Received Today The Report Of The Site Soil Test To Determine The Thai House Foundation Design

Today (September 23, 2010) I have received from Thailand the report from the survey company, commissioned by the Kensington Company (our architect in Bangkok), who undertook the site soil tests that will be used to determine the design of the foundations for our retirement house in Pakchong, Thailand.

Photographs Showing The Soil Tests Being Undertaken On Our Land

These two photographs were taken on September 8th, 2010, at the land we intend to build our house to retire to at Pakchong, Thailand, and show the soil testing team at work on site. The rig you can see is the rig for the Standard Peneration Test (SPT) used to test the soil from which the safe ground bearing pressure is determined.

Site Soil Test Thailand Borehole No. 1

Testing The Soil On Our Land in Pakchong - Borehole No. 2

Site Soil Test Thailand Borehole 2

Testing The Soil On Our Land in Pakchong - Borehole No. 2

What This Report Tells Me About The Design Of The Foundation Design For The Retirement House We Will Build In Thailand

First and foremost, although the report of the soil tests is interesting information for me, it’s prime purpose is to give to the structural engineer the information he neeeds to design the concrete house foundations.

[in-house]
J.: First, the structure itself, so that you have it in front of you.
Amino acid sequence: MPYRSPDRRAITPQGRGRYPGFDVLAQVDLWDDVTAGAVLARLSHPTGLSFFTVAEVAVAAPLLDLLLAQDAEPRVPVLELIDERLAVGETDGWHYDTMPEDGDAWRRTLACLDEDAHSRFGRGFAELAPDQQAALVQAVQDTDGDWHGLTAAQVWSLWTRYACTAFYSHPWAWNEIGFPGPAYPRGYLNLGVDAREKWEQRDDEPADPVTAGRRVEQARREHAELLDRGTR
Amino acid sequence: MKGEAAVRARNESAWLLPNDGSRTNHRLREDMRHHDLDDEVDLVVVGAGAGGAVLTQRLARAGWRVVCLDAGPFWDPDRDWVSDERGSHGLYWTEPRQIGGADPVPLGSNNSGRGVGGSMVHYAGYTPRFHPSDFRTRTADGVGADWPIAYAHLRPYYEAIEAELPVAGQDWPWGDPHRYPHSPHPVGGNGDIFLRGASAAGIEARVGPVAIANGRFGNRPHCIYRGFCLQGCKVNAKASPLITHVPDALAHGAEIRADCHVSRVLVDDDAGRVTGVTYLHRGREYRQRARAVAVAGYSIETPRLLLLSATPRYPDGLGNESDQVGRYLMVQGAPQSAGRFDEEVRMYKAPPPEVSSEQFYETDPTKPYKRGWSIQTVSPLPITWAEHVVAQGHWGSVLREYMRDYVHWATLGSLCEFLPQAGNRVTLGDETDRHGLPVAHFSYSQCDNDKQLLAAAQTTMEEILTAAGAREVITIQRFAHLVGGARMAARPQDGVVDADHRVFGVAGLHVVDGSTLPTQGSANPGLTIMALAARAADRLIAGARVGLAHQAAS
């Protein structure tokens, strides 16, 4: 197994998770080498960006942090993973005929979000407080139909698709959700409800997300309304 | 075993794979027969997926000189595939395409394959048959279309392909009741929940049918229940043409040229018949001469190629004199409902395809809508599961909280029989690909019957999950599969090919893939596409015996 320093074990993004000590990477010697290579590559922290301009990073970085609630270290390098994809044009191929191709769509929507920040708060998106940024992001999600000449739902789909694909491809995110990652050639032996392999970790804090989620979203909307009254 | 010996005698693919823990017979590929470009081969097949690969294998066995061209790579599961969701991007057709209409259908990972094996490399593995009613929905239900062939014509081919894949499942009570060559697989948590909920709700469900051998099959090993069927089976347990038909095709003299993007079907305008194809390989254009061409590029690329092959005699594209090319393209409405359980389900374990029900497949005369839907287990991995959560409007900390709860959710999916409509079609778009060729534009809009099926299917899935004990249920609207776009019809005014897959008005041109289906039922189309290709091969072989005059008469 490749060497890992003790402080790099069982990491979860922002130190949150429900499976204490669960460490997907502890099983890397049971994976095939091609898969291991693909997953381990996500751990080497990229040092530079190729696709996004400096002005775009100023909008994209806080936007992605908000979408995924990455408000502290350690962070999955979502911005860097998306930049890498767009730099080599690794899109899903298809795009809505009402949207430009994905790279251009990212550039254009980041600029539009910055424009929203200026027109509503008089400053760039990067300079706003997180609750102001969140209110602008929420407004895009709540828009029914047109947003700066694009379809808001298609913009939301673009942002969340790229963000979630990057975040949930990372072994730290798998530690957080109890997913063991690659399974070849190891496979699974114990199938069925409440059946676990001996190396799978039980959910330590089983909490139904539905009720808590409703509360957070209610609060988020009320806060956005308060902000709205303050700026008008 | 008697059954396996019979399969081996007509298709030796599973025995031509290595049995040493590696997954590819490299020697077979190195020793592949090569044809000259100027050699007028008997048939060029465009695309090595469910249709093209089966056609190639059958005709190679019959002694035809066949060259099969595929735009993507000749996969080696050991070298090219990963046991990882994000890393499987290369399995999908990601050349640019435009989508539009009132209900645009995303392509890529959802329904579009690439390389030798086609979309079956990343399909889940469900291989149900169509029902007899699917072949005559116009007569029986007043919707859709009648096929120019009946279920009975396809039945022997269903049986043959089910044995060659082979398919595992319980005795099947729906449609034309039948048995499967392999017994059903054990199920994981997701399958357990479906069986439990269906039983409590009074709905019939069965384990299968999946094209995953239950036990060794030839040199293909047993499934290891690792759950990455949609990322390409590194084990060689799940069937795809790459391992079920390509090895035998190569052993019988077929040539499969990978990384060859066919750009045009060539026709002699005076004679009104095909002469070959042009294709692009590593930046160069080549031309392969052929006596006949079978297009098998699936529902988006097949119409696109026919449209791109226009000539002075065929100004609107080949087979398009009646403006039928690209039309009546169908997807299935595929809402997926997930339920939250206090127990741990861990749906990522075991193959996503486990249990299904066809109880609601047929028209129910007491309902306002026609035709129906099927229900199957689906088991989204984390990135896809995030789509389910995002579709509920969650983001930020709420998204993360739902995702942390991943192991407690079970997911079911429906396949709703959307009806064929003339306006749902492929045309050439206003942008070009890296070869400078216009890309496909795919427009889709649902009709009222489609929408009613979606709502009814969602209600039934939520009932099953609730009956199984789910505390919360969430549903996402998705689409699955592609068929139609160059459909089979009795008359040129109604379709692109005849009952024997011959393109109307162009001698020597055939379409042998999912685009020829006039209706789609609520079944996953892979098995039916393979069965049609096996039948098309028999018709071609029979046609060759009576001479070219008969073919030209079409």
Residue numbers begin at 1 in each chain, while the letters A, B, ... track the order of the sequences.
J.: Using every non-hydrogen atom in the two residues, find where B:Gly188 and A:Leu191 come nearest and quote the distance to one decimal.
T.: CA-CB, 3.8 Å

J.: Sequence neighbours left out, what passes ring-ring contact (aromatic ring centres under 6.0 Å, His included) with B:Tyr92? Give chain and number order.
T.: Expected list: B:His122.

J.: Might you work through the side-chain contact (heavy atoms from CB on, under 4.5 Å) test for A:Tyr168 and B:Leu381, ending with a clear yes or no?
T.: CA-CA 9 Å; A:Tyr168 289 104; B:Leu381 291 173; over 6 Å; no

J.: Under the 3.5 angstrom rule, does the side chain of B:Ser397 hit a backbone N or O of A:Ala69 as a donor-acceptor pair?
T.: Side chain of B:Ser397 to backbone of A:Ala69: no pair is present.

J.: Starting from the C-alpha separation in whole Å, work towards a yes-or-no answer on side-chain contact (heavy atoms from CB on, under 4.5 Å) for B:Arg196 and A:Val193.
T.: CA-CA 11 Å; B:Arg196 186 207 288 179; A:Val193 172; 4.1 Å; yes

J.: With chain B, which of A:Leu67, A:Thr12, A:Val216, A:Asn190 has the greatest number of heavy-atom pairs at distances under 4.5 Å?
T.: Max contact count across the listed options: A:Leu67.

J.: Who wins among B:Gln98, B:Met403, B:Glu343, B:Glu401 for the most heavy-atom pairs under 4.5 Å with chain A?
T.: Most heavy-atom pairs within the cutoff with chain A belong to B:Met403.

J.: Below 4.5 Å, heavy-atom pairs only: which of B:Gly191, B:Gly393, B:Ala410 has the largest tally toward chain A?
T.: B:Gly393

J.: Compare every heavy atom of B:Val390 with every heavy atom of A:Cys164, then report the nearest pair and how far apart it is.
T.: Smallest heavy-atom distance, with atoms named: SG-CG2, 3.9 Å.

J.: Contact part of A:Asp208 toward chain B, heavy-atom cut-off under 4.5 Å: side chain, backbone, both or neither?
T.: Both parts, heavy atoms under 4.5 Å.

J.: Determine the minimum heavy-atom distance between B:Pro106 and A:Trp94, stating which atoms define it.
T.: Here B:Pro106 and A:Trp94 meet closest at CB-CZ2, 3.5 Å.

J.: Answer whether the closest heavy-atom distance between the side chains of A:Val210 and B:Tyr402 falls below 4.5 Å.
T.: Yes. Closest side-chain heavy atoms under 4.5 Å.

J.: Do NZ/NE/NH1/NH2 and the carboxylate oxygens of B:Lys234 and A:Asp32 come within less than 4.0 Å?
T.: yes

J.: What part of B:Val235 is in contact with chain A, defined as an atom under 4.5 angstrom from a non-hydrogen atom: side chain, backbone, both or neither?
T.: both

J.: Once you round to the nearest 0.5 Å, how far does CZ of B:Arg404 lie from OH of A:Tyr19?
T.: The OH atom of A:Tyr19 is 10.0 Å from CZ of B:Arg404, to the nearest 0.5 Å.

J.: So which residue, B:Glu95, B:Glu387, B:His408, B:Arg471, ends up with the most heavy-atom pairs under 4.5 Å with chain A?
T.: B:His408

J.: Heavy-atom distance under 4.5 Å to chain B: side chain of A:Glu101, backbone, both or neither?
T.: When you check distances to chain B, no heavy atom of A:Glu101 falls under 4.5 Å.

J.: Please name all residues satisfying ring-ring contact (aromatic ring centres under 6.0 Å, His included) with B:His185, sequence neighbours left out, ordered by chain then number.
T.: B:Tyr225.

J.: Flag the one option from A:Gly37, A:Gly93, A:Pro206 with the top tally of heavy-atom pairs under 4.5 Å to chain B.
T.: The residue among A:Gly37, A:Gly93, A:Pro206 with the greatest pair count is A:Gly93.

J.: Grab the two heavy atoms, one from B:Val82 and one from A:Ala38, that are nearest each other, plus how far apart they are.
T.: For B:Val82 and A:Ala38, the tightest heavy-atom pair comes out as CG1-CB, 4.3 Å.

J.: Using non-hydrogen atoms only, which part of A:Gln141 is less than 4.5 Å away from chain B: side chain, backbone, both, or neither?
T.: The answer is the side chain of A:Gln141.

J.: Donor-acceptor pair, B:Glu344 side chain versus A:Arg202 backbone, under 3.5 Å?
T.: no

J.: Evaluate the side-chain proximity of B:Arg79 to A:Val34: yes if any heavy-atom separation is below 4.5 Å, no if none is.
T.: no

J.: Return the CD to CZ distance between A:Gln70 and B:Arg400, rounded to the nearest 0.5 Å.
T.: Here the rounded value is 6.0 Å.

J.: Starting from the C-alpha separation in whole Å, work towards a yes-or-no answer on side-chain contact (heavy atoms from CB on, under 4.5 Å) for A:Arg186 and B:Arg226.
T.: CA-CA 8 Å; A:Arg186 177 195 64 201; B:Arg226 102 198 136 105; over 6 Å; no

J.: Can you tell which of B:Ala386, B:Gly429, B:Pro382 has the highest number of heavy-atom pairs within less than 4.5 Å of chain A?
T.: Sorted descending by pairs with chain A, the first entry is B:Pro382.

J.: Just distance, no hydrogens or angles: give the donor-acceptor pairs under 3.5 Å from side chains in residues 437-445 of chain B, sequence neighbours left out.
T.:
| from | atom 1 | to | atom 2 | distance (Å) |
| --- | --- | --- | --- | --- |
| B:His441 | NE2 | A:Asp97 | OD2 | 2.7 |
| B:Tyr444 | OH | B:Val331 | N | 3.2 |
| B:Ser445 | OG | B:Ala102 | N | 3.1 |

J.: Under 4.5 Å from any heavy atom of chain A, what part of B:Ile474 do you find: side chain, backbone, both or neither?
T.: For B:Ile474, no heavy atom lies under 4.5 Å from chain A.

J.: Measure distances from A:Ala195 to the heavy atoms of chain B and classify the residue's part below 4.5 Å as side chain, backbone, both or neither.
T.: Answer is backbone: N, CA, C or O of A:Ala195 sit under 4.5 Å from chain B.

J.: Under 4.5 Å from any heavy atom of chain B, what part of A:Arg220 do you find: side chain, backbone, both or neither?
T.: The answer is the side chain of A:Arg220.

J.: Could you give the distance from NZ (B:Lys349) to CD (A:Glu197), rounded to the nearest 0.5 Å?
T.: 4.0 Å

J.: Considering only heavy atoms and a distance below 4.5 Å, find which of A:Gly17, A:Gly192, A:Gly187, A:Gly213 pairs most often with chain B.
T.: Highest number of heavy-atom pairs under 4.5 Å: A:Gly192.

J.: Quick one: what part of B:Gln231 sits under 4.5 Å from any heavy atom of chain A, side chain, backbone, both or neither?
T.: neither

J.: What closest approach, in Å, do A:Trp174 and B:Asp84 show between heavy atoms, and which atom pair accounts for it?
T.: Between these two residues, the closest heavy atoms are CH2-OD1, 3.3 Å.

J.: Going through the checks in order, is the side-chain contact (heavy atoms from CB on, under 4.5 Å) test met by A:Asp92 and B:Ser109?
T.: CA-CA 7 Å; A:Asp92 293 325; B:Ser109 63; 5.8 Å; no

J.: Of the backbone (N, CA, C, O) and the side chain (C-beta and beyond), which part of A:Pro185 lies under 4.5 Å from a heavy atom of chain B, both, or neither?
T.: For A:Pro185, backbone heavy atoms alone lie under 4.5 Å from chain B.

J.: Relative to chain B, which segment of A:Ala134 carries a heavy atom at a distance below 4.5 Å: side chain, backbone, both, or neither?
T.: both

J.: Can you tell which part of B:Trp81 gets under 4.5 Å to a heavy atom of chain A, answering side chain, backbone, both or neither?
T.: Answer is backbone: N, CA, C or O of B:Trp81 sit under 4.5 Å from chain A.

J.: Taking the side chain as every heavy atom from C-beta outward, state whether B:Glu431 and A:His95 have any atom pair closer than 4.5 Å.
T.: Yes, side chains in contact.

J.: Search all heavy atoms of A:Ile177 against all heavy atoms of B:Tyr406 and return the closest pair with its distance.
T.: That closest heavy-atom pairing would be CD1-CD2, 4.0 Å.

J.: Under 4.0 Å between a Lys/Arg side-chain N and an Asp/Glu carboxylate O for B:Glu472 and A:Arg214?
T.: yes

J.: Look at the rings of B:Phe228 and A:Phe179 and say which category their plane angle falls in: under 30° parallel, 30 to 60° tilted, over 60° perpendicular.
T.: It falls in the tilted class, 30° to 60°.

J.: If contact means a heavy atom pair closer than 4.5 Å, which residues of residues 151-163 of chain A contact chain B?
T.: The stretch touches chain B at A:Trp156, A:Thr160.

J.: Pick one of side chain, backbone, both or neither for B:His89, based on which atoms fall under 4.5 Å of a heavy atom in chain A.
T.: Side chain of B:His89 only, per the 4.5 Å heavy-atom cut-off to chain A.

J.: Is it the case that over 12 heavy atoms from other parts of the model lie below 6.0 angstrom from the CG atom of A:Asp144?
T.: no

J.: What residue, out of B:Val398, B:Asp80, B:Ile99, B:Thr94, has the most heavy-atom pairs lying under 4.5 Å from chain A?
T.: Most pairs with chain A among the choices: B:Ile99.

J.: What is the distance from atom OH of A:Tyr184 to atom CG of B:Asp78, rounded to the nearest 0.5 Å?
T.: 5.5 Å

The report is highly technical and I had to engage the help of a civil engineer friend of mine to confirm my interpretation of the 32 page document, entitled “Survey Report, Subsoil Investigation, Private residence Project, Ampoe Pakchong Changwat Nakhon Ratchasima”.

(By the way “Ampoe Pakchong” means “District of Pakchong” and “Changwat Nakhon Ratchasima” means “Province of Nakhon Ratchasima”. Ampoe is often written as Ampur)

There are three key pieces of information in the soil investigation report.

Soil Type

The type of soil changes at 1.5 to 2 m depth below ground level. The top layer, down to 1.5 to 2 m, is what is called “very stiff clayey silt”. This has a good bearing pressure when dry, but when wet rapidly becomes saturated and turns into a slurry which cannot support much weight. Foundations should not be places in this layer of soil.

Below that there is a layer of “very stiff to hard silty clay, some sand and gravel”. This has a good allowable bearing pressure and is where the foundations must be formed.

Depth Of Concrete Footings

The report shows that the foundations (footings) should be located at 2 m below the ground floor level. That means that the builder must excavate 2 m deep to place ths foundation pads.

Safe Ground Bearing Pressure

The safe ground bearing pressure (allowable soil bearing capacity) is given as 26 to 35 t/m2 (ton per square metre or 260 to 350 kN/m2) at a depth on 2m.

The safe bearing pressure is the safe pressure that the soil can be loaded to. If the safe bearing pressure is divided by the total weight of the house the result is the area of foundations required.

The above is a very brief summary of a 31 page report. For more detailed information on foundations design and the importance of undertaking a site soil test go to the “Site Testing Of The Soil For House Foundation Design” web page.

Concrete Pad Foundation Design